Vic Clevenger

Speaker, Freelance Writer, Pitmaster

Tag: Outdoor cooking

A Teacher at Heart

Mom teaching Rebecca in the kitchen
Mom teaching Rebecca in the kitchen

I hated school. I know that sounds like a shock to you and perhaps a little too transparent but the fact remains, I hated it. Well, not all of it. I did enjoy hanging out with my friends and the mischief we caused. It was nothing serious which would keep me from being elected to office (as if I would want to be) but just regular stuff while hanging out before and after classes. It was the classes I genuinely disliked. Well, I did like a couple of them like English and literature, some of it anyway. The other classes however, interfered with my social activities. So you can see why many were surprised I went to college and not just college but decided I needed a Master’s Degree but not stopping there, I set out to get a second one (maybe I’ll finish this one someday) because a person can never have too many degrees.

You can probably imagine their shock when they find out not only have I furthered my education but I’ve also been an adjunct professor at two separate universities, corporate trainer, motivational speaker, writer and comedian (ok the last one they wouldn’t be all that shocked about). As I look back over what I’ve done in the 30+ years since I left high school there seems to be one theme constant in all I do. Whether it’s taking my daughters fishing or standing in front of a group at a conference this single thread running through my life is teaching. I’ve done communication classes (my degree focus) taught someone how to change a headlight and even taught a beauty queen contestant how to give a great 2-minute speech, so teaching is what I do. Which is something I’ve always known, just never really admitted.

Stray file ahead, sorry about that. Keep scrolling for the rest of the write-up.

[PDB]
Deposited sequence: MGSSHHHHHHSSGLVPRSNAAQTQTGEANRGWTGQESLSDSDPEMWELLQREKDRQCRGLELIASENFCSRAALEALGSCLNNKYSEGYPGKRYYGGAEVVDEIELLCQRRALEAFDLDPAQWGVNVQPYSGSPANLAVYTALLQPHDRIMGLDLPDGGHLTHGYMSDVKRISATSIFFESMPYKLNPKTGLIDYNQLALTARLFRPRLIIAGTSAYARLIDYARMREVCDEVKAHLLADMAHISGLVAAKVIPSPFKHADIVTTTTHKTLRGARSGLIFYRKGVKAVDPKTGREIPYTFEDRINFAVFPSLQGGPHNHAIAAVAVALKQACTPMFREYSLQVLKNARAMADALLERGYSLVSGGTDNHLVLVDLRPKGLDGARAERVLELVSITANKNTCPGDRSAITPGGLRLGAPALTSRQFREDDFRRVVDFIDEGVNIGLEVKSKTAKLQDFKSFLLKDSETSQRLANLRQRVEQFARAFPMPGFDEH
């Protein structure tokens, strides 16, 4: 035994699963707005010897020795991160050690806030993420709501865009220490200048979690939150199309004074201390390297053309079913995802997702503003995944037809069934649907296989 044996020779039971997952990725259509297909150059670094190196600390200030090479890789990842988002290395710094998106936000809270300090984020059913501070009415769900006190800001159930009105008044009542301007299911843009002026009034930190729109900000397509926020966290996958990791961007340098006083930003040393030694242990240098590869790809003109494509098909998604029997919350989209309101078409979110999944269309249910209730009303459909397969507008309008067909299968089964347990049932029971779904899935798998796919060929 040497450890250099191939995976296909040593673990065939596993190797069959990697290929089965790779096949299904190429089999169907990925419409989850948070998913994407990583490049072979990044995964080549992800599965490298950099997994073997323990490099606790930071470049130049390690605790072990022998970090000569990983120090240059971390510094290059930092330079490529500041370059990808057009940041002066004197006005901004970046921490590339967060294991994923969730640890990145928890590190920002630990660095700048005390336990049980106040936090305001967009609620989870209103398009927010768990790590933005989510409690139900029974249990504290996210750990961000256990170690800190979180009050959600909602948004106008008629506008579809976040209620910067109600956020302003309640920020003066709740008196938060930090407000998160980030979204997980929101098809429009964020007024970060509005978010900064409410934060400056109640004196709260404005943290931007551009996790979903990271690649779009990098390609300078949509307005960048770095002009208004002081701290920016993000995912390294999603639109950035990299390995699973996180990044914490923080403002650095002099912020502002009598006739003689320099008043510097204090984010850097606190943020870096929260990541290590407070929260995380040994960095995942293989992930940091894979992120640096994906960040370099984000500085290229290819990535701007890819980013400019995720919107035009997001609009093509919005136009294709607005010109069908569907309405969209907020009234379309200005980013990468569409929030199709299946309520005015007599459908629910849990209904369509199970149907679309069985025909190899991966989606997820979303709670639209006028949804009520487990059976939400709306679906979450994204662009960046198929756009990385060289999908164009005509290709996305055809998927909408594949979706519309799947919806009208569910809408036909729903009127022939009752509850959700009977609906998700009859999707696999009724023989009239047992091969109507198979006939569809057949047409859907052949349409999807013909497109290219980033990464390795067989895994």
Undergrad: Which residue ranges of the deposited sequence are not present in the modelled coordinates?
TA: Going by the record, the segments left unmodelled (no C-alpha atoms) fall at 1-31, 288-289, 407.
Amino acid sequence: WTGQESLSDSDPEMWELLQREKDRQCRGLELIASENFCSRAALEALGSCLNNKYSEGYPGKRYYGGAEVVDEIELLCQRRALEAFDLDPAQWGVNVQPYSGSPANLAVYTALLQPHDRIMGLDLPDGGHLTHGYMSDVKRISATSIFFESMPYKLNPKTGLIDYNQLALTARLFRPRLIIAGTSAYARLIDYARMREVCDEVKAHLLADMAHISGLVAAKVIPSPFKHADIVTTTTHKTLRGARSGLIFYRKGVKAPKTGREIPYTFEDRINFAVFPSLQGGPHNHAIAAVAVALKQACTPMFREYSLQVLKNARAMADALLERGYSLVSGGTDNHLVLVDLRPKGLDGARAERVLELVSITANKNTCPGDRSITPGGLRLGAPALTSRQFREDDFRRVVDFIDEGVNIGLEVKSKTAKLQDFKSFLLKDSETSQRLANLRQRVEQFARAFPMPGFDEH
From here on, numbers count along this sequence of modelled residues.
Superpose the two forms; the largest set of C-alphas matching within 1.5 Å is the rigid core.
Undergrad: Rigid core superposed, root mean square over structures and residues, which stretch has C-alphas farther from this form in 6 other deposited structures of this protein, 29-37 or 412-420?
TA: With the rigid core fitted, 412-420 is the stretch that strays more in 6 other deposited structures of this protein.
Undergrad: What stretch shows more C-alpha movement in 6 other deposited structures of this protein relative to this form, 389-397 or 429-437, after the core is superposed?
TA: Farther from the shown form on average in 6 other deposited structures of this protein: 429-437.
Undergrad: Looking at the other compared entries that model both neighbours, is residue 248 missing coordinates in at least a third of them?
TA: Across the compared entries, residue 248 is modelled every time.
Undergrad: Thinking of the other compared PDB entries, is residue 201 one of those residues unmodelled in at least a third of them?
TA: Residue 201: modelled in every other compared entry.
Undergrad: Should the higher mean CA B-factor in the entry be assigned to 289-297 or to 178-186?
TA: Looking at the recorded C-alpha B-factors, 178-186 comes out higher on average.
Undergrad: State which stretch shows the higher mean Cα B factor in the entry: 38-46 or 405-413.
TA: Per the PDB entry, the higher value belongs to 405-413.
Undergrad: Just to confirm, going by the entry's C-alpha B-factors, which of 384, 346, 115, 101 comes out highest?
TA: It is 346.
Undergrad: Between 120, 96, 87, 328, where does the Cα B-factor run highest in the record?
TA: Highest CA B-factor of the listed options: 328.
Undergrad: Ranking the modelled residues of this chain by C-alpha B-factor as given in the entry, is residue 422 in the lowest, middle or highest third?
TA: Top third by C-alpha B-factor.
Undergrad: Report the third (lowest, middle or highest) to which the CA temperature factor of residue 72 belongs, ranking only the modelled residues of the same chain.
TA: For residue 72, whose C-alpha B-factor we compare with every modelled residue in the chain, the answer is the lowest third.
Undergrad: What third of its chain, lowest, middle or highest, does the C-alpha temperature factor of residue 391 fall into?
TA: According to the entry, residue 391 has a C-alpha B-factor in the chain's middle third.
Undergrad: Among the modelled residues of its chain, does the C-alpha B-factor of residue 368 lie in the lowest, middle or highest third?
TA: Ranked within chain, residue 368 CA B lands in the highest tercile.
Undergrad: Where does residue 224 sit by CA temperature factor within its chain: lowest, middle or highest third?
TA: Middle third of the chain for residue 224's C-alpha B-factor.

So when I began the Chimney Cartel this component seemed to me a no-brainer, although I wasn’t sure why. With the essence being learning to do something new and different (cooking on a starter chimney for instance) it is no large leap that teaching would be another major element of the Cartel. I keep going back to Edison and his light bulb because each of us have dozens of these little items illuminating our homes. A constant reminder of someone trying something new, failing, not giving up, then succeeded only to teach this to others who have not only learned the lessons but in some ways surpassed the teacher, which is what teachers truly hope.

I’ve been lucky enough to have been around great teachers my whole life (although I may not have recognized them at the time) and it’s them who have placed me on this path of teaching. But let’s not get carried away with questions as to why I’m not a school teacher or a college professor (although I am toying with this one). Quite frankly, I’m not disciplined enough to grade papers, so that’s the answer in a nutshell. But I thoroughly enjoy my makeshift classrooms in someone’s back yard, or at an outdoor cooking show or even at a conference where people come to learn or see something new. Watching the proverbial light bulb go on for someone is always exciting because it shows they just realized they received a nugget of knowledge and you as a teacher had a hand in this.

So pillar number two (stop it with the #2 jokes, I already thought of them as I was writing this) is basicly sharing with others what you know – teaching.

The Hotter, Longer and Cleaner Burn

My alligator presentation